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08.12.2010 Crime & Punishment

Gbevlo Lartey Fined In Court

By Daily Guide
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An Accra High Court has slapped a GH¢300 cost against Lt. Col Larry Gbevlo Lartey, the National Security Co-ordinator, for failing to appear before it in the case in which former staff of National Security Council (NSC) are suing the co-ordinator and the Attorney-General for sacking them without paying them their end-of-service benefits.

Neither the National Security Co-ordinator nor his representative, except on one occasion, has been appearing before the court as the first defendant of the suit since the case was called for the first time on October 28, 2010. However, the representative of the AG has been honouring the court's invitation except yesterday when he failed to appear.

Apart from October 28, subsequent adjournments were on November 8, November 26 and December 7, 2010 but on all the dates, the Security capo failed to make appearances, compelling the court presided over by Justice C.J. Honyenuga of the Court of Appeal to award the cost against the defendants.

When the case was called, Captain Nkrabea Effah-Darteh (rtd), counsel for the dismissed security officers, complained to the court about the National Security Co-ordinator's attitude towards the matter, saying there had not been a single date that he (Mr. Gbevlo-Lartey) had appeared before the court.

He told the court that most of the plaintiffs were not residing in Accra and had had to travel from all over the country to attend the court's sitting, urging the judge to award cost of GH¢1,000 against the defendants.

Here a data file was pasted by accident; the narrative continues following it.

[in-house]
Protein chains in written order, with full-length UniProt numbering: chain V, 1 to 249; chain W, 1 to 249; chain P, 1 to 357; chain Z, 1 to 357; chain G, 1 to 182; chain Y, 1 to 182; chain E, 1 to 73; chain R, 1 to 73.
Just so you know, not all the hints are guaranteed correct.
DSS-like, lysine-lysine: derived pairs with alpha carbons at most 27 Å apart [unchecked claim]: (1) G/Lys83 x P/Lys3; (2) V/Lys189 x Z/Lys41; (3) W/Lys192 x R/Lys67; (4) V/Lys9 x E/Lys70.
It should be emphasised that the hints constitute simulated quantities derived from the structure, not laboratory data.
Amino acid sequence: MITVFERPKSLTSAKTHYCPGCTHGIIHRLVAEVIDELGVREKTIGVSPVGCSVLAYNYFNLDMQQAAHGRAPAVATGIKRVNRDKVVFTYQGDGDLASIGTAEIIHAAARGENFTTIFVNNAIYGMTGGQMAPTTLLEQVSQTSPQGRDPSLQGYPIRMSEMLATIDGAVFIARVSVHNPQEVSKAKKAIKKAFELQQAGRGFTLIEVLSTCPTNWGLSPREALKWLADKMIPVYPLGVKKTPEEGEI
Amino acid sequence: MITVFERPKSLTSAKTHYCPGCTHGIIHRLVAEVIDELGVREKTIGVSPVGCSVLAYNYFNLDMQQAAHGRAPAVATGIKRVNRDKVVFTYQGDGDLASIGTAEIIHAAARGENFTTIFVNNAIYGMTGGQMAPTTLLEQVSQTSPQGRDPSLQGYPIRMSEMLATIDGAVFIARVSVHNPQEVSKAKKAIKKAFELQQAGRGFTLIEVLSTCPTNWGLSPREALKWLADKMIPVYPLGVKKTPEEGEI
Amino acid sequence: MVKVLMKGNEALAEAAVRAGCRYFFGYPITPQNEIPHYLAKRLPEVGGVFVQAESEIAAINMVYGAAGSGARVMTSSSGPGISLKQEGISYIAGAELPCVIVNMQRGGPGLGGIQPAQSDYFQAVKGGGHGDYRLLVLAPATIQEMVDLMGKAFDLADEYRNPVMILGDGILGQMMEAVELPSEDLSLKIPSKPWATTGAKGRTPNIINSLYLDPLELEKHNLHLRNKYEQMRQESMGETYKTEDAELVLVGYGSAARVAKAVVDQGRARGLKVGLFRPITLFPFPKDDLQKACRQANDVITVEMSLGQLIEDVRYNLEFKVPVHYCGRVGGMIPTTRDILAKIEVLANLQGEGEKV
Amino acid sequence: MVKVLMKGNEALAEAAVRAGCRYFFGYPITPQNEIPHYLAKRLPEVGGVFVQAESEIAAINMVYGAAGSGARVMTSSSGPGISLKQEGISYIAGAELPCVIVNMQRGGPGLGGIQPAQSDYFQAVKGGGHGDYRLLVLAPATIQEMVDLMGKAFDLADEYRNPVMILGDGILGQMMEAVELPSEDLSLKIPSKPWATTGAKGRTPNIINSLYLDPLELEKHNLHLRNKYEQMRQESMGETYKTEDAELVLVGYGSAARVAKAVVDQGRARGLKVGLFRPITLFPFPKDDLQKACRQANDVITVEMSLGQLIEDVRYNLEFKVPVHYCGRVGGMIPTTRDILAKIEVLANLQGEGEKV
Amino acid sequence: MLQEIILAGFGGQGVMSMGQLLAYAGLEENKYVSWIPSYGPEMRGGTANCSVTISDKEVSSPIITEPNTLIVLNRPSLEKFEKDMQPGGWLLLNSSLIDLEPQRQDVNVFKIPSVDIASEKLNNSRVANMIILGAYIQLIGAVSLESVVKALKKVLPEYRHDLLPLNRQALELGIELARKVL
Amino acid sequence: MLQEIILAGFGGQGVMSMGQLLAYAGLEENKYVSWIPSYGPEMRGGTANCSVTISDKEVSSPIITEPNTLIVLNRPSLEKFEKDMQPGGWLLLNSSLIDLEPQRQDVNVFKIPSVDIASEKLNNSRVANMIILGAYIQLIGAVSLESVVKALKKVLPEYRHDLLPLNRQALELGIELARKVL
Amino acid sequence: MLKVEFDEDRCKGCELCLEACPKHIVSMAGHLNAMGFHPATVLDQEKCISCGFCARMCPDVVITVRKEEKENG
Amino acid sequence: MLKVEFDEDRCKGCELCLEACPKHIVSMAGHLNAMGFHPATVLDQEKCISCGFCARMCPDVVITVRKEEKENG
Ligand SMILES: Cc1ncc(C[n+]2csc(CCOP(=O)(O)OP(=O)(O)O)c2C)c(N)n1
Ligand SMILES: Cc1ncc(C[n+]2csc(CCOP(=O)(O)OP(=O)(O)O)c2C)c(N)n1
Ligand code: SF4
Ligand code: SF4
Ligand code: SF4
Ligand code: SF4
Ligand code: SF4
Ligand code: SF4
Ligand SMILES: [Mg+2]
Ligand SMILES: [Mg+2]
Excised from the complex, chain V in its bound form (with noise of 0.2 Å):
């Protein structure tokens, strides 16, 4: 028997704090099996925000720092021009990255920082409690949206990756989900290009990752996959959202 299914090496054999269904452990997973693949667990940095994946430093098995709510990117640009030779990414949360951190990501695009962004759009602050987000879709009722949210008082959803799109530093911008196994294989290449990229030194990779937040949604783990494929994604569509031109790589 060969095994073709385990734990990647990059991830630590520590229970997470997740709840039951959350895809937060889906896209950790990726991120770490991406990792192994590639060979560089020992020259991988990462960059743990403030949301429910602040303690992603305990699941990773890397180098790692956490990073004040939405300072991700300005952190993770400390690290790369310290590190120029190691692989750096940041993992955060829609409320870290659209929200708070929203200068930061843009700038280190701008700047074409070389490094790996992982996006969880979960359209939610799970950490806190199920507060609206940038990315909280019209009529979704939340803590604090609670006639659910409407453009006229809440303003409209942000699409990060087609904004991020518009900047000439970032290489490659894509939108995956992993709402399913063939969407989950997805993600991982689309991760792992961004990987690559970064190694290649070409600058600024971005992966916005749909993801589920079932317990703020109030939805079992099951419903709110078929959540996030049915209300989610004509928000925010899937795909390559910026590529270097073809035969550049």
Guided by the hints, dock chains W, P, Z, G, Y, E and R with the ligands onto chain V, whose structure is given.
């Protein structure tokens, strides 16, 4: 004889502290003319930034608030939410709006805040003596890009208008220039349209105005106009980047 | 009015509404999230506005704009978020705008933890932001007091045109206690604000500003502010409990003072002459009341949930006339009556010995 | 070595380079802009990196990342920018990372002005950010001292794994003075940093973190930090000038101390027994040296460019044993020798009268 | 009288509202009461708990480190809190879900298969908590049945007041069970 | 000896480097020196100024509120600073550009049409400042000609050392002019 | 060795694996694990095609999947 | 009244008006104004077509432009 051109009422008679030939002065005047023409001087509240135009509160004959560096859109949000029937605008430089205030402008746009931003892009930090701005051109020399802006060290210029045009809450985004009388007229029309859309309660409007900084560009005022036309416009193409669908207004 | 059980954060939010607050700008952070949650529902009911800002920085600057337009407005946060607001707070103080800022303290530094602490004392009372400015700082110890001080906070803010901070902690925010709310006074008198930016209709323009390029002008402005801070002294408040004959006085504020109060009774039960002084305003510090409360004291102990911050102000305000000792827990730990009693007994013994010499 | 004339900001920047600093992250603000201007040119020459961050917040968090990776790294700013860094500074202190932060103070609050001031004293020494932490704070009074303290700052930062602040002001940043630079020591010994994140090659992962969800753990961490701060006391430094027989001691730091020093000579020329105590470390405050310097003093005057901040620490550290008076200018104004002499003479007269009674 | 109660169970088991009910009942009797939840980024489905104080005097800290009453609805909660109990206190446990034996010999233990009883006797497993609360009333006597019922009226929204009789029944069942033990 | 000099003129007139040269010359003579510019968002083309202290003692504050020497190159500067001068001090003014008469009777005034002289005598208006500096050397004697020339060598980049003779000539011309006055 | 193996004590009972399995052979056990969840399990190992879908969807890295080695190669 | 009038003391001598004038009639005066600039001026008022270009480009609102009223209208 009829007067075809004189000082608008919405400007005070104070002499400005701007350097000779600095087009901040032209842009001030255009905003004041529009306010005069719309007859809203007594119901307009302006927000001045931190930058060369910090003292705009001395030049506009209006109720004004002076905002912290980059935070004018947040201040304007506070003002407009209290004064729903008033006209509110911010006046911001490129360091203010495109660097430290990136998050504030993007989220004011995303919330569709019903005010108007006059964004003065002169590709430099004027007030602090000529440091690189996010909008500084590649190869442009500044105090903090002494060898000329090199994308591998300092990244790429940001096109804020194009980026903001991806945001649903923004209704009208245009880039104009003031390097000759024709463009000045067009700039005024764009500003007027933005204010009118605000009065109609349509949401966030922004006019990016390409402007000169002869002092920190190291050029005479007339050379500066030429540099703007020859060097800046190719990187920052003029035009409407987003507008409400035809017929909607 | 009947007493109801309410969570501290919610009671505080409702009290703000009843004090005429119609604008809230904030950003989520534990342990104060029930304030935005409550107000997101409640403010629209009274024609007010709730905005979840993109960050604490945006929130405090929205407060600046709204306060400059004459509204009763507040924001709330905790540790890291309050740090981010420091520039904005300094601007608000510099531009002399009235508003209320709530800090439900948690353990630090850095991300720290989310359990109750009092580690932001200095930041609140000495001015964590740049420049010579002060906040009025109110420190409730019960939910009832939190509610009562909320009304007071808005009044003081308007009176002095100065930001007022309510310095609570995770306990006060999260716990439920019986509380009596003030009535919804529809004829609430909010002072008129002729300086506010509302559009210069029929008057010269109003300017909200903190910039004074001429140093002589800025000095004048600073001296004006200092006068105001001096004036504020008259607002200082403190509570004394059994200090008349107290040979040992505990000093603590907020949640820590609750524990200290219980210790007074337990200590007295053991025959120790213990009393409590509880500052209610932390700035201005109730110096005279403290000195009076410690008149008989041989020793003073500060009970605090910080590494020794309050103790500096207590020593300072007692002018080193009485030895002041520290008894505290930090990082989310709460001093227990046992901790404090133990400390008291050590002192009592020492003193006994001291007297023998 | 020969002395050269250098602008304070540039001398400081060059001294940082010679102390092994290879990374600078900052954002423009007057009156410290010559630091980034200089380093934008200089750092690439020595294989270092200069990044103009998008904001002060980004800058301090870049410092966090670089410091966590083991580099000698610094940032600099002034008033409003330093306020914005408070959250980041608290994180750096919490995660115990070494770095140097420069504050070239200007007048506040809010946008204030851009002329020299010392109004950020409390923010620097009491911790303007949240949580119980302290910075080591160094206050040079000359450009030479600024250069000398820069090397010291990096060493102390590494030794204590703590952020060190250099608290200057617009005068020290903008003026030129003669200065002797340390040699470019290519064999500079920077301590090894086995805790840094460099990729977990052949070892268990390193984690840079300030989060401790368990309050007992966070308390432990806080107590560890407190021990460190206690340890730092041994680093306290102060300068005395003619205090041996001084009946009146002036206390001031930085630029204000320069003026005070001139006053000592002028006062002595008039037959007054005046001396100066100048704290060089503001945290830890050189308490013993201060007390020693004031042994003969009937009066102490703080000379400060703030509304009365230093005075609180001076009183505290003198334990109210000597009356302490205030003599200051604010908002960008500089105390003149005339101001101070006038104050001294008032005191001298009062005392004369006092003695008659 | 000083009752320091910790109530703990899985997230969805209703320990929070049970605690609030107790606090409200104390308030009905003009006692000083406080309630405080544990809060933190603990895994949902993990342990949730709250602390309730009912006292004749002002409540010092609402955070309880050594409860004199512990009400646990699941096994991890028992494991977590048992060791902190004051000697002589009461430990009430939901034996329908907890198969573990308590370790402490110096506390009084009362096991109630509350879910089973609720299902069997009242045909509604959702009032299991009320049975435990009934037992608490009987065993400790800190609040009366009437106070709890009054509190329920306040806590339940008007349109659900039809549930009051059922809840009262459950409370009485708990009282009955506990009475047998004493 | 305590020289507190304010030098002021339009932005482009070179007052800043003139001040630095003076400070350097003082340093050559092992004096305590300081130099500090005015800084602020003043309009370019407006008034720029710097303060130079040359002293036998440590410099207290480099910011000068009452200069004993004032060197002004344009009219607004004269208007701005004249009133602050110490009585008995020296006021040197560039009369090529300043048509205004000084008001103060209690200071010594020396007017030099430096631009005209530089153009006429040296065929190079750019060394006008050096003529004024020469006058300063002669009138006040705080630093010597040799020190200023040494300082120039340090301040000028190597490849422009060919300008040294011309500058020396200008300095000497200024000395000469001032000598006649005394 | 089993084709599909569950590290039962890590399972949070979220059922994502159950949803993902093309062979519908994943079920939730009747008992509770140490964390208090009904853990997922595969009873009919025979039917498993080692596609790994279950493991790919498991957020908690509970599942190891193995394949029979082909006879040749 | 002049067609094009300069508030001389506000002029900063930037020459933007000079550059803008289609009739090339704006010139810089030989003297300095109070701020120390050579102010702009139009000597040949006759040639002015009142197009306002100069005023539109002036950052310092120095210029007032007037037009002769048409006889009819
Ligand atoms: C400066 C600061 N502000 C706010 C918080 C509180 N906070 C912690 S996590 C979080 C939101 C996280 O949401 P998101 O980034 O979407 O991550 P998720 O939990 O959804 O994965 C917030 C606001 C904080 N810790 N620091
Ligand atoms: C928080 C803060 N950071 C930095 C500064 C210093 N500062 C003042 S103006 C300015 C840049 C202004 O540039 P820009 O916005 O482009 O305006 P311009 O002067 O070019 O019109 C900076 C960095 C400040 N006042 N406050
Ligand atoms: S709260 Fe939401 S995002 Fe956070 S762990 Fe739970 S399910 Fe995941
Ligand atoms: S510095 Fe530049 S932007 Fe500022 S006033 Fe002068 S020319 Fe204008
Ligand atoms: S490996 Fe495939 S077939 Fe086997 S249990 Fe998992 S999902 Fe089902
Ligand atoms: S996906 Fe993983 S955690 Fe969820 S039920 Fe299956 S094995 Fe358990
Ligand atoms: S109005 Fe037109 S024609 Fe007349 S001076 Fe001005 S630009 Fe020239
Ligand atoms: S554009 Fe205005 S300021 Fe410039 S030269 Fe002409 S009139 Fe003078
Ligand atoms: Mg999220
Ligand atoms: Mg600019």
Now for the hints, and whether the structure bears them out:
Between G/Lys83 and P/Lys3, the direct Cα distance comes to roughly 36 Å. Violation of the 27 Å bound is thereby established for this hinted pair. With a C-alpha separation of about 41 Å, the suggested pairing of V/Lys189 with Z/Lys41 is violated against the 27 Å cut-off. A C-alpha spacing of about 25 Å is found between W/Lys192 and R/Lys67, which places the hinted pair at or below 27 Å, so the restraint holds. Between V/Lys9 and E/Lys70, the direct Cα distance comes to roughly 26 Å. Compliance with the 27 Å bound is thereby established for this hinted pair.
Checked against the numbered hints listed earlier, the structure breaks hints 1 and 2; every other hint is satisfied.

The 88 plaintiffs are seeking a declaration that each of them is entitled to be paid his or her benefit, as well as an order directing the authorities to pay them their benefits upon termination of appointment, in line with the conditions governing their employment as staff of the NSC Secretariat.

They are contending that they were fully employed as regular staff of the NSC Secretariat.

According to them, they were all employed under the security intelligence agencies law of 1996, Act 526, and the other relevant laws governing the public service, after being interviewed and examined thoroughly.

They claimed even though the President acknowledged their dedicated and loyal service to the state, each of them had his appointment terminated as staff, as they were wrongly perceived as political appointees of the previous political administration under President JA Kufuor.

They said although they had been paid three months' salary in a partial fulfillment of the conditions governing termination, they were still entitled to their end-of-service benefit.

When they petitioned the authorities for payment to be done, it was ignored. Again, they said their solicitors wrote a series of letters, praying for the payment but to no avail.

'It is obvious that unless the 88 plaintiffs seek the intervention of the courts, the defendants have no intention of satisfying the regulations governing the public service which includes payment of just earned benefit upon termination of appointment,' they stressed.

However, the defendants have denied that the plaintiffs were sacked because they were perceived to be political appointees of the previous administration but said their appointments were terminated on grounds that their services were no longer required.

The defendants said the plaintiffs were paid 3 months' salary as the full payment due them and further contended that the plaintiffs were not entitled to any end-of-service benefits as alleged in their conditions of service and therefore would put them to strict proof.

The defendants submitted that they would raise a preliminary-legal point during the hearing to suggest that the National Security Coordinator was not a proper person or body to be sued in this matter and therefore would seek the court to strike off the case against him.

Sitting continues on December 17, 2010.
By William Yaw Owusu

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